I'm making the most paranoid assumption about Locke's & Sawyer's most recent flashbacks: that the events in them were orchestrated from end to end, Truman style. Thematic hints about the big story. Same as the phony acts between Benry and your own Stella Maris, Juliet. Ditto the boy's aiding Sawyer's “escape” from his cage. Another thematic hint about the big story was Sawyer's being shown where he was from the hill; it reminds the viewers that any time a character is unconscious, s/he can be taken anywhere. Similarly the story of Sawyer's “surgery” was to broach the idea of body implants to the audience, and to show viewers that ostensible surgery doesn't have to do what the patient is told. As if that weren't enough, you gave us another example when Jack showed that surgical access to a kidney and to the spinal cord can be thru the same incision. Too bad Locke didn't get to see it.
But the big question of the 3rd season opening pod is what role Benry et al. play in the plot. I've been wrestling with whether they're supposed to be deprogrammers of the Losties, the Island Powers being the programmers. Benry has considerable artistic resemblance to Hagbard Celine of Illuminatus!, down to having a submarine at his disposal. I take it the submarine was used to sneak up on Sun on the docked Elizabeth, and to tow the seaborne Elizabeth eastward while Desmond slept in it. Benry seems to be trying to tell at least some of the Losties to beware of fakery. Locke, this place is a joke; I did nothing and the timer reset itself. Sawyer, look at how you can be manipulated with the help of a rabbit, the magician's classic prop. (And see that even someone who throws literary allusions around can be caught off guard when the shoe is on the other foot; what's the matter, don't you read?) (Meanwhile you vie with Smallville for Wizard of Oz allusions as he helps Losties find their “missing organs” by putting them thru tribulations. Sayid passed his test by digging up Henry Gale's grave. Let's see...Benry's Hagbard Celine, he's Henry Gale and the Wizard, and he's John Galt...so who “is” he in Watchmen? And he knows his Stephen King while alternately pretending to like & dislike that stuff.)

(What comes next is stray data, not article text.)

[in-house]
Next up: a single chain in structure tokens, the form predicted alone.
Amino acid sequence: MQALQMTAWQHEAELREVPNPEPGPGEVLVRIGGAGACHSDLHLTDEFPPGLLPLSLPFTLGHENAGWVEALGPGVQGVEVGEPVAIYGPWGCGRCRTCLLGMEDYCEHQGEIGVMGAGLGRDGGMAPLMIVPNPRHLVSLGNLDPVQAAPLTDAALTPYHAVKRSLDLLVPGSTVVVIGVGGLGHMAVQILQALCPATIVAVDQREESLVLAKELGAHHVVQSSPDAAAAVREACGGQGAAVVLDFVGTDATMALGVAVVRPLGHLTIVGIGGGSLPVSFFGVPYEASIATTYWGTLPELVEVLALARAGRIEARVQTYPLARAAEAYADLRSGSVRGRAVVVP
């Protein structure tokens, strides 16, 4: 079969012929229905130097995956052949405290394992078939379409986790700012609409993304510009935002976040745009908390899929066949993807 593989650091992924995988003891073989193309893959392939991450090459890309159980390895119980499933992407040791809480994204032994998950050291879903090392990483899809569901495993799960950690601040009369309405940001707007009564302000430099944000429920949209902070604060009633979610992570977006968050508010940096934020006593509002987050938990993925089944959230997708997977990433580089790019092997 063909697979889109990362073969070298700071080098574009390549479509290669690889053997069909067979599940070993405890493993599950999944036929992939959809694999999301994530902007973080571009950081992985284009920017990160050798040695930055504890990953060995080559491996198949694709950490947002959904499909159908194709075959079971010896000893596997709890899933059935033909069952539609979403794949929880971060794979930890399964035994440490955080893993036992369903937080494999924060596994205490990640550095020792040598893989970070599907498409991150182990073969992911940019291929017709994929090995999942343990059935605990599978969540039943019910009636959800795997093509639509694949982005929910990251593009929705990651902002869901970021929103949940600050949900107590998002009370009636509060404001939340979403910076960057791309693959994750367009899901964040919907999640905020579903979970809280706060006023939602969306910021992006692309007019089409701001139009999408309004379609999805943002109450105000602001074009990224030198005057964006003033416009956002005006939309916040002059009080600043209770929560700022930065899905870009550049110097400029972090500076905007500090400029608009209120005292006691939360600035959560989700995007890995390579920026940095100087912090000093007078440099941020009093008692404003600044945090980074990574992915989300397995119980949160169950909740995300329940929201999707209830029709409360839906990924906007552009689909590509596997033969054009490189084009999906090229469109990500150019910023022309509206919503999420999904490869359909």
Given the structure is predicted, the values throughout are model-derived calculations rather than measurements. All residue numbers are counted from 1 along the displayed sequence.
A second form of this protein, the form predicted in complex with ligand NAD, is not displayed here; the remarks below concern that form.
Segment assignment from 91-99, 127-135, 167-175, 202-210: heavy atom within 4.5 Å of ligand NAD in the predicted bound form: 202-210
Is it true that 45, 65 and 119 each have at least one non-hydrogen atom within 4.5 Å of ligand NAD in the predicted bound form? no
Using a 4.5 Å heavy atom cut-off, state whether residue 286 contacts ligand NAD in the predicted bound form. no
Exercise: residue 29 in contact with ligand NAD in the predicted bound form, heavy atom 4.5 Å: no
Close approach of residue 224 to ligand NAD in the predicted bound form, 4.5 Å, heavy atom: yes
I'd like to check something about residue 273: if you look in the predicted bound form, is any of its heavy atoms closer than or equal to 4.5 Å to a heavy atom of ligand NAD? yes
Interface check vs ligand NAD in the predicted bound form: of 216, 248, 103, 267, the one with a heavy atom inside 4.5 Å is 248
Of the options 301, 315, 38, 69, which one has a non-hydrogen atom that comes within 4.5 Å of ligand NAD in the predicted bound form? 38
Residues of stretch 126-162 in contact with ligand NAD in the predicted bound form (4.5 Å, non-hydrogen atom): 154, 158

Yet at the same time, we have an unbroken chain that leads from Claire's remark in the lawyer's office, to the musical mobile's playing her song in the medical station, to Ethan's taking her and taking charge of her in the medical station, that shows Ethan Rom deliberately furthering the Island Powers' plot. And Ethan would appear inextricably tied to Benry by the instructions he gave him and Goodwin in the opening minutes of season 1. This looks like part of the programming, not deprogramming.
But if the residents of Levitationtown (Othersville) were in on the deception, what is to be made of the aerial display, the earthquake, and their reactions to it? We know none of the Losties were on that airliner at the time it was shown being destroyed in mid-air, and we know the show could not have been for the Losties on the ground (although conceivably Tailies in the water may have gotten to see some of it during the “Corona beer commercial”).